Zack Jackson: I think that trend is starting to reverse. I see it in my local schools, and that’s kind of the extent of my vision of these things – everyone in the elementary school by my house gets a ukulele when they’re in 3rd grade or something.
Ruth Shaver: Much better than a recorder, right?
Adam Pryor: Much better than the recorder.
Zack Jackson: And a lot more expensive too. So they’re actually putting a lot more money into music, because they realize that being proficient in music helps with other learning. And it helps with emotional regulation. People who play instruments that require both hands moving independently are more emotionally regular, because your corpus callosum is more developed.
Adam Pryor: So I’m curious – so, hooray, we thought about ways that we improve with these technologies, which is great, and I am still curious about that. But I’m also curious to hear where you think these technologies are getting in the way.
Ruth Shaver: I have to make a conscious effort to put the phone down and walk away from it when I’m at home. I need to be bored, because boredom is a great foster medium for creativity. But it’s really easy to just pick up the phone and sit on Twitter. Because there’s some really funny people on Twitter, you know, and there’s really profound things on Twitter now. But I need the boredom.
Tim Maness: It’s easy for me to say, because I’ve never been a good multi-tasker in the best of times. So I can make, you know, a virtue of a vice by saying that the thing about a phone is that it can impair focus as well. And as is the case with your students, I imagine that though many of them put down the phone when you turn the lights on and begin to lecture, a certain number of them don’t.
Adam Pryor: Oh, no no no, they must all put them away. (laughs) Clearly, just the sheer magnetic force of my personality causes the listeners to –
Zack Jackson: That’s a magnificent tweed he’s wearing, corduroy jacket, mmm.
Tim Maness: But I’ve had less engaging and magnetic professors than Adam. At the university where I was TAing, one of my jobs in the course that I was TAing in – that took place in a huge lecture hall rather than a classroom – was making sort of a discreet rounds to check for people who were on their phones. And you know, certainly I’ve – there’s always that temptation to distraction, that sense that, you know, “I can keep half an eye on two of these things simultaneously.” And you know, in practice, I think half an eye works out to less than half an eye. You’re not getting the same amount of attention to either thing.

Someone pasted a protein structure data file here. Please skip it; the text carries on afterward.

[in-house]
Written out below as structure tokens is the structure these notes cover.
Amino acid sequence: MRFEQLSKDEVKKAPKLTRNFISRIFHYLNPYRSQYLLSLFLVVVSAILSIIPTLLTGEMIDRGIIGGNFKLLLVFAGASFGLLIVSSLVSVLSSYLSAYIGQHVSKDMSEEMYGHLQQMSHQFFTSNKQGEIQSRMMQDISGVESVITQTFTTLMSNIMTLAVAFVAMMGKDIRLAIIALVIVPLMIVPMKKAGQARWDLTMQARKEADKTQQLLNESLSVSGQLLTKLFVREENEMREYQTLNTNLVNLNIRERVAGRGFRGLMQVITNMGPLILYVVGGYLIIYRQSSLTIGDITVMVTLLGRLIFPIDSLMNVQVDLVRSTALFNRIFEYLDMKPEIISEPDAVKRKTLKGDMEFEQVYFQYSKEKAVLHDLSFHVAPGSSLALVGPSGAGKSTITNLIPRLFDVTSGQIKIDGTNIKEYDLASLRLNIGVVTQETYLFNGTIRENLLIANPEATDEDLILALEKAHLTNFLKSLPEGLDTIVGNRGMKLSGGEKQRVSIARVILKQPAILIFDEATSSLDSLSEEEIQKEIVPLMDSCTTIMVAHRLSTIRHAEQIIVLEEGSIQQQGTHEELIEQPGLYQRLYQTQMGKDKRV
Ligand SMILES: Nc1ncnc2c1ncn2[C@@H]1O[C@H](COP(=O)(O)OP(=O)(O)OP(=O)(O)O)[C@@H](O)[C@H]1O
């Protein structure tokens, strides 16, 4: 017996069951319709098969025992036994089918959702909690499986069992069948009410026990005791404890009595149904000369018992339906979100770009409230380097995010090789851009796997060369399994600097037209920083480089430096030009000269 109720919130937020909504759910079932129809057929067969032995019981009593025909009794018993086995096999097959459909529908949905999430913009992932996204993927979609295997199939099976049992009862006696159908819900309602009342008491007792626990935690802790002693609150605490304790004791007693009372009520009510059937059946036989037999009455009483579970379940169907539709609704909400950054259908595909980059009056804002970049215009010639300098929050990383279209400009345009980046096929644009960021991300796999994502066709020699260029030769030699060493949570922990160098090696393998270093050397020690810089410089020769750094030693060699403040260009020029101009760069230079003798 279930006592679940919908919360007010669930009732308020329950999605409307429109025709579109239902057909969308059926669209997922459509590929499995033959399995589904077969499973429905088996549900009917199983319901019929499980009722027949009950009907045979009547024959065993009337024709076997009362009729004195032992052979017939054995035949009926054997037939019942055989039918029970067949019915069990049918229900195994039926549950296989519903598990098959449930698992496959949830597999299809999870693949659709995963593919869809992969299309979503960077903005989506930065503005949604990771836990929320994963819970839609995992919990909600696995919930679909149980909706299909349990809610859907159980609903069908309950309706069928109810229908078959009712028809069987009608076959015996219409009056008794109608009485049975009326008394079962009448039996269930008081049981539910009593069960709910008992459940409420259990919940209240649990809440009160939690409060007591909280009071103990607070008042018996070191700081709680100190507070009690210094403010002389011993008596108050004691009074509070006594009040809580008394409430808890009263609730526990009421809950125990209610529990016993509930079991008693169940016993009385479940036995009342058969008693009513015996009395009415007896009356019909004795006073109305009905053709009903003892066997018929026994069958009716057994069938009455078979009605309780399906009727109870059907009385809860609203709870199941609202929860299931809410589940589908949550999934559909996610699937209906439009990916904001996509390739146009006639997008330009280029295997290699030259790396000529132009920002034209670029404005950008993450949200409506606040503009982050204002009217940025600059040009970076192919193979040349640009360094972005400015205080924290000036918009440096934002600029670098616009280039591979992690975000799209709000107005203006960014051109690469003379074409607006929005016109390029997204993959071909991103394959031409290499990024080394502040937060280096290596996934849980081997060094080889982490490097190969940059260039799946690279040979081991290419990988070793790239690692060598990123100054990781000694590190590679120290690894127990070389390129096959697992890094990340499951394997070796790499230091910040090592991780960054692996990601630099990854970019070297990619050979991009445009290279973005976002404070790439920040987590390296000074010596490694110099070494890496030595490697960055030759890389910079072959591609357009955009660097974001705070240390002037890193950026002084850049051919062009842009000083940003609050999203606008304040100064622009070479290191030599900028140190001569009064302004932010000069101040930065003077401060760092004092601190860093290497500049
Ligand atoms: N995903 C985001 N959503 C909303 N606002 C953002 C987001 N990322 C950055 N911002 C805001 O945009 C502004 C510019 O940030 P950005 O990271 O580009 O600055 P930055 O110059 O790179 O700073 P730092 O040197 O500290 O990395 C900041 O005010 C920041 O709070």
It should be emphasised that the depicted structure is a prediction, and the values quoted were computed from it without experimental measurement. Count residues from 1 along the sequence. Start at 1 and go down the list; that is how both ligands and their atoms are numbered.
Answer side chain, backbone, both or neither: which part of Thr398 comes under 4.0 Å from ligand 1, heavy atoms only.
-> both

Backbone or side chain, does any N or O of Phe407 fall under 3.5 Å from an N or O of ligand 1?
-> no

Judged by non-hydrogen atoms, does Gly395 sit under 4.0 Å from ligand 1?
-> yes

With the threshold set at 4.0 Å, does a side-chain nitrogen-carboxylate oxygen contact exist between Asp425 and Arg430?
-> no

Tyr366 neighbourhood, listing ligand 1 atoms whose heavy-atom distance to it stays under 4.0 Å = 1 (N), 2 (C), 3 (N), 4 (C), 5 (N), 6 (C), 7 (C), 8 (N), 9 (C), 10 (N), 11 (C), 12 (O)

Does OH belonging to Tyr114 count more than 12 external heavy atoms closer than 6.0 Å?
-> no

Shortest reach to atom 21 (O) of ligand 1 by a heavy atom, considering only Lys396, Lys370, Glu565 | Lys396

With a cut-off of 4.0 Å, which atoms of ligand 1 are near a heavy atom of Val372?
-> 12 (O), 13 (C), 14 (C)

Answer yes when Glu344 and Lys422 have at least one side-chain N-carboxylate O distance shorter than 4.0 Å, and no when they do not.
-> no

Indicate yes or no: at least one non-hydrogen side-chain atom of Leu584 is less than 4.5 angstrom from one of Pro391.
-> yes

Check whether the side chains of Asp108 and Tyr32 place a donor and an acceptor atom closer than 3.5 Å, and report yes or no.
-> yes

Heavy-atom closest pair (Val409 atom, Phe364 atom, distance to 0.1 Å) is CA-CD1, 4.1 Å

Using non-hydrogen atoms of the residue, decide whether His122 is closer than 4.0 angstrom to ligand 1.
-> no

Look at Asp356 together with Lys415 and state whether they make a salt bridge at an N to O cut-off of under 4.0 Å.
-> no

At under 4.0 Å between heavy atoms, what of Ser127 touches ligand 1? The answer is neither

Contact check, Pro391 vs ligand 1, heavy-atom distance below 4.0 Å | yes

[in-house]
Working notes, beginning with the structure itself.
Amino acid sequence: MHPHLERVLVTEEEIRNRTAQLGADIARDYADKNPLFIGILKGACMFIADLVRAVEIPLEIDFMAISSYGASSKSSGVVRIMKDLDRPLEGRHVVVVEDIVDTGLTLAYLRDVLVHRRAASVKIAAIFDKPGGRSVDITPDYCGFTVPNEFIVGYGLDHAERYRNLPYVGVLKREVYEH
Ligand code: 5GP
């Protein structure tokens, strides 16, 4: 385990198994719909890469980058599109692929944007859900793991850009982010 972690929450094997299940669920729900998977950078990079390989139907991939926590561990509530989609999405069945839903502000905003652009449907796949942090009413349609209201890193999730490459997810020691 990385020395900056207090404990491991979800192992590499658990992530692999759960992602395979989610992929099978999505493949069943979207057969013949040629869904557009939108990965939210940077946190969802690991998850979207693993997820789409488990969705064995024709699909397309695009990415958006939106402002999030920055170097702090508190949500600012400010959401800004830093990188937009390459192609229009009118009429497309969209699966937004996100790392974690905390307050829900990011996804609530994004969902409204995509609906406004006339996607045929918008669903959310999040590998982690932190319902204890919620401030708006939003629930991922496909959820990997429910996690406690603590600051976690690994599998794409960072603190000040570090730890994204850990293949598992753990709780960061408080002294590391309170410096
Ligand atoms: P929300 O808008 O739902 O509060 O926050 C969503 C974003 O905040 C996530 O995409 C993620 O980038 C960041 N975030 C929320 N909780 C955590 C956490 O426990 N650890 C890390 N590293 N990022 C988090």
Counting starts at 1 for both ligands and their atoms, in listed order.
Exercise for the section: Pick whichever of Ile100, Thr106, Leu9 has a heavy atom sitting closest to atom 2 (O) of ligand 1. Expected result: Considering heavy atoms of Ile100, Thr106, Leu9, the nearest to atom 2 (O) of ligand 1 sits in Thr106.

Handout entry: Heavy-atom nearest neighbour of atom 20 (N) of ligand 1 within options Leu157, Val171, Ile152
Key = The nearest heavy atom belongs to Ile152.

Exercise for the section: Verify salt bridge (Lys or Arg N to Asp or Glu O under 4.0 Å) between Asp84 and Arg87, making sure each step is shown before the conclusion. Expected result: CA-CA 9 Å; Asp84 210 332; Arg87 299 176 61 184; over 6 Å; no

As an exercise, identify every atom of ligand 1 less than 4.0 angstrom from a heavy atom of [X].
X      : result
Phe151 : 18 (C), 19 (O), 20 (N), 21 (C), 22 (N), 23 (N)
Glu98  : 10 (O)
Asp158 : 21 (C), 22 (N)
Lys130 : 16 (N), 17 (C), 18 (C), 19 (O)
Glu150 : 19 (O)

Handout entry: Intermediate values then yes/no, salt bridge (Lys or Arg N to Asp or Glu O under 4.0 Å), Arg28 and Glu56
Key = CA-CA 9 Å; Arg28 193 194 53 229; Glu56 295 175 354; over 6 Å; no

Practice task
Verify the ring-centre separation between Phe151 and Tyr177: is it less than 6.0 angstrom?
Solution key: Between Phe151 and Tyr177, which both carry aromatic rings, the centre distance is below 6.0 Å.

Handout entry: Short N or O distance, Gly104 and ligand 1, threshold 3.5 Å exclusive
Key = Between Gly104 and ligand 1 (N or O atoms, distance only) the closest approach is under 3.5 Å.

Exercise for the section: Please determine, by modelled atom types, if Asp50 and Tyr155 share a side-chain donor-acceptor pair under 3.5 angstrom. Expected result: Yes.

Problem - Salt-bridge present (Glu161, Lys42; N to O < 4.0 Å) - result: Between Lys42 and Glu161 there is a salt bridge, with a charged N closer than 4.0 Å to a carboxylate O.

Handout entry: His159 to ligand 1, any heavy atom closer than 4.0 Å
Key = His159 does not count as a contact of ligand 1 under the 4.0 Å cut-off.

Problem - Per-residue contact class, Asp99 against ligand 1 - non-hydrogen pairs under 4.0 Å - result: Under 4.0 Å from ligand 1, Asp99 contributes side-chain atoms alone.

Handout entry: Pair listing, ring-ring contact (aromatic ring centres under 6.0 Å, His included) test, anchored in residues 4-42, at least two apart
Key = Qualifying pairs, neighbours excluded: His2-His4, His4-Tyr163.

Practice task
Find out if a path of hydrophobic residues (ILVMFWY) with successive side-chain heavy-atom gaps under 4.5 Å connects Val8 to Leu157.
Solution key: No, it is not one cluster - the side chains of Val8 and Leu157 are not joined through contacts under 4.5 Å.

Zack Jackson: I think that technology, in particular Powerpoint, has made a lot of people really bad teachers. I don’t know how many professors that I’ve had that sat in their lectures, and they have presented bullet points on a slideshow, and read the bullet points, and then maybe said two or three sentences more, and then the next bullet point, and then the next bullet point. And I sit there and I’m thinking about my student loans, and how much I’m going to have to pay for the rest of my life to read someone else’s Powerpoint presentation. And it is such a – and now as a teacher, I get it, I totally get it. Because I am, you know, Baptist minister all the way to the 1700’s basically. We ramble. So when I stand up in front of a class and I don’t have that, I ramble. And then I realize, oh, uh, we, didn’t get to the thing we were going to get to. So Powerpoint helps to rein me in, but it also restricts me and it ties me to that. And when a professor uses Powerpoint, the Powerpoint is the authority, and the professor is just the one navigating you through –
Tim Maness: – is the interpreter of the whole text.
Zack Jackson: Is the interpreter, is the authority of the text, right. And I would always say “Would you upload this to Blackboard so that we can–?”. So I had a professor one time, he said that “Powerpoint has ruined professors. And so I’m going to…” he had one slide every class period, and it was always just a picture, and then he had his notes, and he was on task, and I learned more in that class than anyone I’ve ever taken. And it totally changed the way that I taught.
Tim Maness: So there might also be a difference here between good teachers and bad teachers. I certainly have read any number of stories set in the pre-Powerpoint era – PPE – (laughter) – in which people talk about lecturers who drone on and on and never seem to get to the point.
Ruth Shaver: Oh yes, yes. At our shared university, yes, there was a philosophy professor who walked in the room speaking, walked out of the room speaking, and kept speaking even though he told us to go on break. And so we would come back in the middle of a 3 hour class and he would be on to the next page of his notes, which were always at least 15 pages long for each class. And we always thought “there’s gotta be a technology that would help with this.” Turns out that the technology at the time was a little comic book of philosophical ideas, which is how we all passed that class. I don’t remember his name, but that’s how bad it was. I blocked it out.